“I actually designed the comet for this movie, and it’s based on a number of other comets that have similar orbital characteristics and come from the outermost part of our solar system,” Mainzer says.

According to Mainzer, this type of comet is known as a long-period comet, which is often found “just a few months before they approach the Sun,” Mainzer says.

“My team discovered comet NEOWISE last year, and this object has an orbit somewhat similar to the kind of thing we’re talking about in the movie.”

Comet NEOWISE was discovered by the Mainzer team at the end of March 2020, and by early July, it had already made its closest approach to the Sun.

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So the idea of ​​a massive, fast-moving comet approaching Earth – perhaps too close to comfort scientists – is entirely plausible.

“These things can move very fast relative to the Earth,” Mainzer says. “They can move at unbelievable speeds and can be very large.”

But the chance of a deadly comet actually hitting Earth is less realistic.

“However, space is as big as this stuff, it’s incredibly massive,” Mainzer says.

According to Mainzer, “It is very unlikely that a comet like this and Earth would be in the same place at the same time.”

While Mainzer says a deadly comet hitting Earth is “unlikely to happen in real life,” the chance is not zero. Projects such as the MEINZER NEOWISE mission monitor these NEOs.

“Obviously we care about things that are big enough to cause global events, even though they are extremely rare, but we also look for things that can be smaller, but can still cause significant damage on Earth,” Mainzer says.

Can we prevent a comet or asteroid from hitting Earth?

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Realizing that saving the planet could boost her chances of winning the midterm elections, the president mustered a mission to launch a preemptive strike against the asteroid using decommissioned space shuttles and satellites laden with nuclear explosives.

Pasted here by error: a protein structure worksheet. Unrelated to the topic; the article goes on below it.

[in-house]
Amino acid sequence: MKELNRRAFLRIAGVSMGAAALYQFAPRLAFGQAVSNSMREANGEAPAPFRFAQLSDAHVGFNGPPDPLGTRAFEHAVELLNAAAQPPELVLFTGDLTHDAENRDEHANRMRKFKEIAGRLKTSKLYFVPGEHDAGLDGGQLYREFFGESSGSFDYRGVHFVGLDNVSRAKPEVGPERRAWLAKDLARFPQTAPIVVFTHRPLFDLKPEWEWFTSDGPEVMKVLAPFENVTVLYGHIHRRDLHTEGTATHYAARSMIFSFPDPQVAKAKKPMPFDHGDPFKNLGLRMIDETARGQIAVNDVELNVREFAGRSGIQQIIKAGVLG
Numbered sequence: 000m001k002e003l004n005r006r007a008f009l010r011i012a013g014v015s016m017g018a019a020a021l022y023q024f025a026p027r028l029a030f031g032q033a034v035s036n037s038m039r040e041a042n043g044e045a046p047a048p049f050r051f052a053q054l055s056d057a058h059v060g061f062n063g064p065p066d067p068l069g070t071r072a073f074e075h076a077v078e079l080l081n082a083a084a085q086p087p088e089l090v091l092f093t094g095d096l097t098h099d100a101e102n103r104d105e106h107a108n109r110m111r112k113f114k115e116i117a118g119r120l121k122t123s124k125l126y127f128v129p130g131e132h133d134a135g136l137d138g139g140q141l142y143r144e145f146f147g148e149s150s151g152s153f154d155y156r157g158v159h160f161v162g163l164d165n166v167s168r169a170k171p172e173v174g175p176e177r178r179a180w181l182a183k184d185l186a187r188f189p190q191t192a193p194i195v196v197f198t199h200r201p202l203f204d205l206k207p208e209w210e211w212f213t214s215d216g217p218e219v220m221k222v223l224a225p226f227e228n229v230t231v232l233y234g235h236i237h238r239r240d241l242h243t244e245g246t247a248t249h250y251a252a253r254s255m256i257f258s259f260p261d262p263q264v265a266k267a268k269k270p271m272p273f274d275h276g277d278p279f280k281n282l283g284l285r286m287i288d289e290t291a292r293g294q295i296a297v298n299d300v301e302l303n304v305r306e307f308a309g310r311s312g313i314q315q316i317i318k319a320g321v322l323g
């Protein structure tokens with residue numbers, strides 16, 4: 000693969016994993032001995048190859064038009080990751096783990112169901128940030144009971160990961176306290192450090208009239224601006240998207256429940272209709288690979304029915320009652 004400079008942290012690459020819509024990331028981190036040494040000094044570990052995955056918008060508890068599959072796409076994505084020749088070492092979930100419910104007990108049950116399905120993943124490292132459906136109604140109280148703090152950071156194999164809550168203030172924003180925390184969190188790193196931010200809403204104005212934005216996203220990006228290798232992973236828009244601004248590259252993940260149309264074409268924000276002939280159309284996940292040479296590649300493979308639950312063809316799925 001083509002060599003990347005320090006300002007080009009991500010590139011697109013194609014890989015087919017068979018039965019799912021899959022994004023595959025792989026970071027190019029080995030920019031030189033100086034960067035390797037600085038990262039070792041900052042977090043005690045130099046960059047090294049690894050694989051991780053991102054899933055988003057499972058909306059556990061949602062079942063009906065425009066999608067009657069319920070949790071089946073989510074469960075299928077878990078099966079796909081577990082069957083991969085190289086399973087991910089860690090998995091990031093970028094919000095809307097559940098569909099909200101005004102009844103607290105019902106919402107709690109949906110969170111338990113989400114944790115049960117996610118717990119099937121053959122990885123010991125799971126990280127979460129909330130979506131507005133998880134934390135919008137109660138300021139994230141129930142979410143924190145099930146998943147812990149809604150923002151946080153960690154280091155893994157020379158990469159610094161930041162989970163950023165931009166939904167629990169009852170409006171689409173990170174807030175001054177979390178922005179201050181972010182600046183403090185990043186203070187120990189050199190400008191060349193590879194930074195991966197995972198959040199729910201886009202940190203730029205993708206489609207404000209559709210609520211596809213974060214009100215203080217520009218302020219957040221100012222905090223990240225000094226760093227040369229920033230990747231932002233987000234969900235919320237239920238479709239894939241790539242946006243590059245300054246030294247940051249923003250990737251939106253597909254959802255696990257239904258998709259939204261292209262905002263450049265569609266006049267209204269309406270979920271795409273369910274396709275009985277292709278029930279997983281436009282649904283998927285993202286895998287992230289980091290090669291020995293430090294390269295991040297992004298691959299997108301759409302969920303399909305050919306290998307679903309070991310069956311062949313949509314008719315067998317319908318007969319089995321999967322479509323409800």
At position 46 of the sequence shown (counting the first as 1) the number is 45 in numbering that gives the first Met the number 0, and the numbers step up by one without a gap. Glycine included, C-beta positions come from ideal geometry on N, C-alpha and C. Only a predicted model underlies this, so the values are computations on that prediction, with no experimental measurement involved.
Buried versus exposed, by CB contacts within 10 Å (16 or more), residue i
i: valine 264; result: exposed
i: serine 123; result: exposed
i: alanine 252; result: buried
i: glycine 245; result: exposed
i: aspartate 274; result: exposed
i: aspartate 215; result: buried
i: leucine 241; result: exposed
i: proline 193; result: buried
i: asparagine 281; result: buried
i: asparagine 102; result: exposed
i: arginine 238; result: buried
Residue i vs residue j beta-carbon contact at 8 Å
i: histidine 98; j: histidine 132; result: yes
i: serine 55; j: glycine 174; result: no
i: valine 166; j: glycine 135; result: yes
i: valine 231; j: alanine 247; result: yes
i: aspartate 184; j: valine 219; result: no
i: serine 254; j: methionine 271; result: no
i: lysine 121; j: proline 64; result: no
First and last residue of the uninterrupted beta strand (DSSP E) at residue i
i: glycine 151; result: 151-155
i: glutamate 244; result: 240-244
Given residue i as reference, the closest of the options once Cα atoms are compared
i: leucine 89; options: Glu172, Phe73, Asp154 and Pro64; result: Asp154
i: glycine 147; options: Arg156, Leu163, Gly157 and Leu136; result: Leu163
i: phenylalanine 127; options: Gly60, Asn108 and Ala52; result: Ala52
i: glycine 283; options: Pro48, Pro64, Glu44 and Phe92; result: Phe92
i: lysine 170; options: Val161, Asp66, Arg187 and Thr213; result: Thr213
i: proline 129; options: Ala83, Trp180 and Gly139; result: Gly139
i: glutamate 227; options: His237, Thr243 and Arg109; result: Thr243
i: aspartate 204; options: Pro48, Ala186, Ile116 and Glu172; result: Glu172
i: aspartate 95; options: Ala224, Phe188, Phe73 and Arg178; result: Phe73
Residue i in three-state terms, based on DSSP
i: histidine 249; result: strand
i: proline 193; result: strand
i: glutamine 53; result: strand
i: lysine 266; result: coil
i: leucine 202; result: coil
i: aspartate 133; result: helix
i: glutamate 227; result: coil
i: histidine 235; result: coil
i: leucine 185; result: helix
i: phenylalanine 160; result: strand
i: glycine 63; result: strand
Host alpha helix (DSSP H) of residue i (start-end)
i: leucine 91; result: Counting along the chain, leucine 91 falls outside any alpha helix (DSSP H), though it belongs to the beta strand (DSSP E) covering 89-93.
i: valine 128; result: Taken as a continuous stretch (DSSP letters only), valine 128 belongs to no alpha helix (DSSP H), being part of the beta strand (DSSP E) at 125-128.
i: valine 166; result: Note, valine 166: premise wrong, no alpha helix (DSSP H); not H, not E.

“We’ll throw Comet Dipasky off course,” says the imaginary president confidently.

But is that really what scientists would do in real life? It depends on the circumstances.

“If the object is really big, and it is found without much warning, you will throw everything you have at it, in my opinion,” Mainzer says.

So yes, the film’s shooting style isn’t necessarily unrealistic, but it’s certainly not the preferred science strategy.

“We’d really like to have more time so we can develop other techniques that are less extreme and possibly more effective,” Mainzer says.

If you discover these space objects when you are years or even decades away from Earth, you can try alternative methods such as an asteroid hitting a spacecraft and pushing its orbital path away from Earth – an idea known as “kinetic effect”.

But the movie discovers the comet six months later, which may be too late to change course if it’s anything real.

“It’s going to be really difficult in real life, because, especially for a very massive object, it takes a tremendous amount of energy to get it out of the way,” Mainzer says.